Moby: The end point would be the very early digital drum machines, like the Linn Drum. So I collect the early digital ones like the DMX, which is an early hip-hop drum machine, and the 808 and the 909, but then, after that, the digital drum machines started to get a little too fancy, and a little too slick.
Moody: So when you collect all these things is it with the intention of actually using them in your own work or is this a collection just for the sake of a collection?
Moby: I love to use them in my own music. The great thing about a drum machine is that you just kind of turn it on, and it does quite a lot of the work for you. But the old drum machines were never that good. The drum machines post-1982, 1983, actually sort of tried to sound like drummers. But what I liked about the old drum machines is that they never sounded like a drummer, they sounded like a drum machine.
In the sixties and seventies, drum machines were just compared to other drum machines, they weren’t compared to real drummers. And they were never supposed to replace a real drummer. And then, in the eighties, with digital technology they could actually have drum programs that in a crummy sort of way tried to sound like a real drummer. That’s when I lost interest. I liked them when they sounded more synthetic and electronic. Also, nowadays, a lot of electronic music is produced exclusively on the computer, so there’s no physical sound production. So no one makes drum machines anymore.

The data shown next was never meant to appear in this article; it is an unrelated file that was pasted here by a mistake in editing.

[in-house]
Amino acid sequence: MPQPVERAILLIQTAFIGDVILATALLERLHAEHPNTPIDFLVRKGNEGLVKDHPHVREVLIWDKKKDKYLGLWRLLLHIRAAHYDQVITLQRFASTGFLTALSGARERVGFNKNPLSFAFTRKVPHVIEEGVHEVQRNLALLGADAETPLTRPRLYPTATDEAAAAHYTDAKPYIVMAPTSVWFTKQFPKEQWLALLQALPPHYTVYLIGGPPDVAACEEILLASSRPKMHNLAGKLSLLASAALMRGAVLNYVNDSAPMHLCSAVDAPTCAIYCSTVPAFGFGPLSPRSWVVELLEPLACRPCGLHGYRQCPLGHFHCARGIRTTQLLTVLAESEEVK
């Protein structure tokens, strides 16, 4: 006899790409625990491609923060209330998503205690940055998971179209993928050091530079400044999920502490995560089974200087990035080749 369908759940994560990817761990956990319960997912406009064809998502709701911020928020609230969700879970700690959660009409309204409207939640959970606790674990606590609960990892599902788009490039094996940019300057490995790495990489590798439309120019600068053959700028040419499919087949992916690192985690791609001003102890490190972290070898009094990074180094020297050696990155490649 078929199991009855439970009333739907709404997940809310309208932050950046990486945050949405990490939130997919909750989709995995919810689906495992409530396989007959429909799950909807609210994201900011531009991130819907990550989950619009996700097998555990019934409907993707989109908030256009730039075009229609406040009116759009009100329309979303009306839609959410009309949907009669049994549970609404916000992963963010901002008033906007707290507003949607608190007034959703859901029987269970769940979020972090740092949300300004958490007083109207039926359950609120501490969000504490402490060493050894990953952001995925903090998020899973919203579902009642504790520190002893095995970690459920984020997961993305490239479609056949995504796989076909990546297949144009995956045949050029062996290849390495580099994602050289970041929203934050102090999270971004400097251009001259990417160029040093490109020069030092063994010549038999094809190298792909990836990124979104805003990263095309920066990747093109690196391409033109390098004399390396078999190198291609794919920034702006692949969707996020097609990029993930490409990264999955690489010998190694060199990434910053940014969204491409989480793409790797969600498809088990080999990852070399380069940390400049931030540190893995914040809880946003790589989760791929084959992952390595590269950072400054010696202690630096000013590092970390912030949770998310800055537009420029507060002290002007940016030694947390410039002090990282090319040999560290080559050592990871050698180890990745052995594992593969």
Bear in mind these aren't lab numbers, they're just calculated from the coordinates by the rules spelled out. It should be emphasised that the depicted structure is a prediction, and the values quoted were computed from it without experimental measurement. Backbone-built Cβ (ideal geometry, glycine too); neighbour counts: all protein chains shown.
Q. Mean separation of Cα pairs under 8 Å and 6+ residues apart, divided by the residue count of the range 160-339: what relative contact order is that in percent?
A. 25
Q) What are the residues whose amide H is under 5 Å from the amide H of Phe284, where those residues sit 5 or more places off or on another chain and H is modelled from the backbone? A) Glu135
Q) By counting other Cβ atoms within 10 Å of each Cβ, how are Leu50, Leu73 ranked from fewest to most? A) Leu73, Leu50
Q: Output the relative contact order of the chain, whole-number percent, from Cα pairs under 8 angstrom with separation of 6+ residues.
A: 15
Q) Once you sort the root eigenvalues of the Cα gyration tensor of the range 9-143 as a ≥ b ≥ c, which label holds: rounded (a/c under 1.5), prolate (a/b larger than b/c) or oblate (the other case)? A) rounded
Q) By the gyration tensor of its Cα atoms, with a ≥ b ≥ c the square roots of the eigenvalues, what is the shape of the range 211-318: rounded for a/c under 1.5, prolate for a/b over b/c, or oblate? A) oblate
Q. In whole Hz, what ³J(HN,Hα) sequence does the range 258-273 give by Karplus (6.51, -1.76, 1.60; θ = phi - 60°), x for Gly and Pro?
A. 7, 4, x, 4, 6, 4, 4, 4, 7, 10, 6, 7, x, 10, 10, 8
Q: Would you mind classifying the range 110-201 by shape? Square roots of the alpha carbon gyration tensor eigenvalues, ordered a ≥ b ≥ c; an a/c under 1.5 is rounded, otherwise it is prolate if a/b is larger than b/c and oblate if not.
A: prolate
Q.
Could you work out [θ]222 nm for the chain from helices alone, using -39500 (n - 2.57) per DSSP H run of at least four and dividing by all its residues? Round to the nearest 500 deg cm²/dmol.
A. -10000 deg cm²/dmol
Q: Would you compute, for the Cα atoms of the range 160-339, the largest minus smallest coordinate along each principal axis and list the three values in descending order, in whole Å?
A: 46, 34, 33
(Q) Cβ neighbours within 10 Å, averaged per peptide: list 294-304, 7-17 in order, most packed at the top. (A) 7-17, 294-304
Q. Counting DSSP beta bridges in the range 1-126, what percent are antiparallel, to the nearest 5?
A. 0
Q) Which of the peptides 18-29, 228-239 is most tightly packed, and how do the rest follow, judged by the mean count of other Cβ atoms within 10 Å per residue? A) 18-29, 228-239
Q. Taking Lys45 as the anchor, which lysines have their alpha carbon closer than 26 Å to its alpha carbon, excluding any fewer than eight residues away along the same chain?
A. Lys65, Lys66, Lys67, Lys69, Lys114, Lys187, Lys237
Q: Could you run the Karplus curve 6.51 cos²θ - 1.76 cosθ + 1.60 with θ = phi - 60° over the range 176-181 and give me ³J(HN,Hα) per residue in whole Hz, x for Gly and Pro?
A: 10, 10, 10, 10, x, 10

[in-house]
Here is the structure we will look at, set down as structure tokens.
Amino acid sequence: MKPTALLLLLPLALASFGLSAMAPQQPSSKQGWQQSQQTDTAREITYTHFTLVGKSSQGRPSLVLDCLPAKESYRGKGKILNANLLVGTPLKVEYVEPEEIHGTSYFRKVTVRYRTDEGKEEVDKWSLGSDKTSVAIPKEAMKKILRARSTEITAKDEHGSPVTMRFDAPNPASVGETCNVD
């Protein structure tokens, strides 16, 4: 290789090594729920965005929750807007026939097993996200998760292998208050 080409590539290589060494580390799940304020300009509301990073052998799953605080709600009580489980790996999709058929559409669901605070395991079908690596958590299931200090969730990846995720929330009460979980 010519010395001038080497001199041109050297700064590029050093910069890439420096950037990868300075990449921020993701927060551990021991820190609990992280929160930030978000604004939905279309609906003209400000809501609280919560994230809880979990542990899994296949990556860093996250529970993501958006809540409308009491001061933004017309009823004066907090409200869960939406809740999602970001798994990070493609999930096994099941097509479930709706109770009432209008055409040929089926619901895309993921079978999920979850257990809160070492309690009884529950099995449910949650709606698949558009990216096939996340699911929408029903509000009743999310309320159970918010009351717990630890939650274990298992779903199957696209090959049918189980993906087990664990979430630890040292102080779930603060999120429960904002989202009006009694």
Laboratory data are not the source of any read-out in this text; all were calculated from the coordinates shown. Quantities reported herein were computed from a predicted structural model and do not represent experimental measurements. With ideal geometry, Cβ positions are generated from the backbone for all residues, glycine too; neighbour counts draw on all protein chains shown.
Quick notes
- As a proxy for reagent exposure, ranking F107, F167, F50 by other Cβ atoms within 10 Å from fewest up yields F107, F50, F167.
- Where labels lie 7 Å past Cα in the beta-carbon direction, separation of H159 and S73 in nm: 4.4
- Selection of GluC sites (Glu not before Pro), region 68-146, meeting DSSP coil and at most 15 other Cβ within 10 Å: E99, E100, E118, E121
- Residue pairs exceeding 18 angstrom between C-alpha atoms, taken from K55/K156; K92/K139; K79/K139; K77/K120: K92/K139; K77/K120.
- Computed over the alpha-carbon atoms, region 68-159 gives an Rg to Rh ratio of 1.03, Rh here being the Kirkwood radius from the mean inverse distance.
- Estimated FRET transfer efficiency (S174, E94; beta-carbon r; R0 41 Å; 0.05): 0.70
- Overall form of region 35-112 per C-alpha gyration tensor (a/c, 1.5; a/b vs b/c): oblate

I’m almost a custodian of these old drum machines that have been in church basements and lounges at Marriott hotels, somewhere in New Jersey. And a lot of them have notes written on them, like this one, I don’t know if it works or not, but someone at some point put masking tape on it, with a little note to himself. This one, down here, see, someone again, someone wrote their own little codes in pencil. Samba, here, they put a red X there, and wrote a note that says, “No.” Clearly, whoever it was hated the samba?
Paul Kalkbrenner’s 2-year old remix of Moby’s “Wait for me” has been named ‘best electronica track’ at the 4th annual Beatport Music Awards which was held last night in Miami (USA). For those who have been living on Mars during the past few years, Beatport is an online music store specializing in electronic dance music and based in Denver, Colorado (USA).
To get an idea what kind of electronic music the download portal offers, check out the other winners and their respective category:
* Top Track Of The Year: Tarantula – Pleasurekraft
* Top Breaks Track: M.A.D. (Elite Force Mix) – Stanton Warriors, JELO, Vandal & Hatiras
* Top Chill Out Track: You Wish – Nightmares on Wax
* Top Deep House Track: The Voice – Thyladomid
* Top Drum & Bass Track: Incoming… (Taku Remix) – Ajapai
* Top Dubstep Track: Scary Monsters and Nice Sprites – Skrillex
* Top Electro House Track: Animal Rights – Wolfgang Gartner & Deadmau5
* Top Electronica Track: Wait for Me (Paul Kalkbrenner Remix) – Moby
* Top Hard Dance Track: We No Speak Americano (Friday Night Posse Remix) – Yolanda Be Cool & DCUP
* Top Hardcore/Hard Techno Track: Magnet – Industrialyzer & The Advent
* Top House Track: We No Speak Americano – Yolanda Be Cool & DCUP
* Top Indie Dance/Nu Disco Track: Hello (Club Edit) – Martin Solveig feat. Dragonette
* Top Minimal Track: Under Control – Roberto Procaccini
* Top Progressive House Track: One – Swedish House Mafia (Sebastian Ingrosso, Axwell, Steve Angello)
* Top Psy Trance Track: Leave Me Alone – Neelix
* Top Tech House Track: Tarantula – Pleasurekraft
* Top Techno Track: The Secret – Joris Voorn
* Top Trance Track: Remember Love – DJ’s United (Paul Oakenfold, Paul van Dyk, Armin Van Buuren)
Note that ‘Artist of the Year’ was Deadmau5.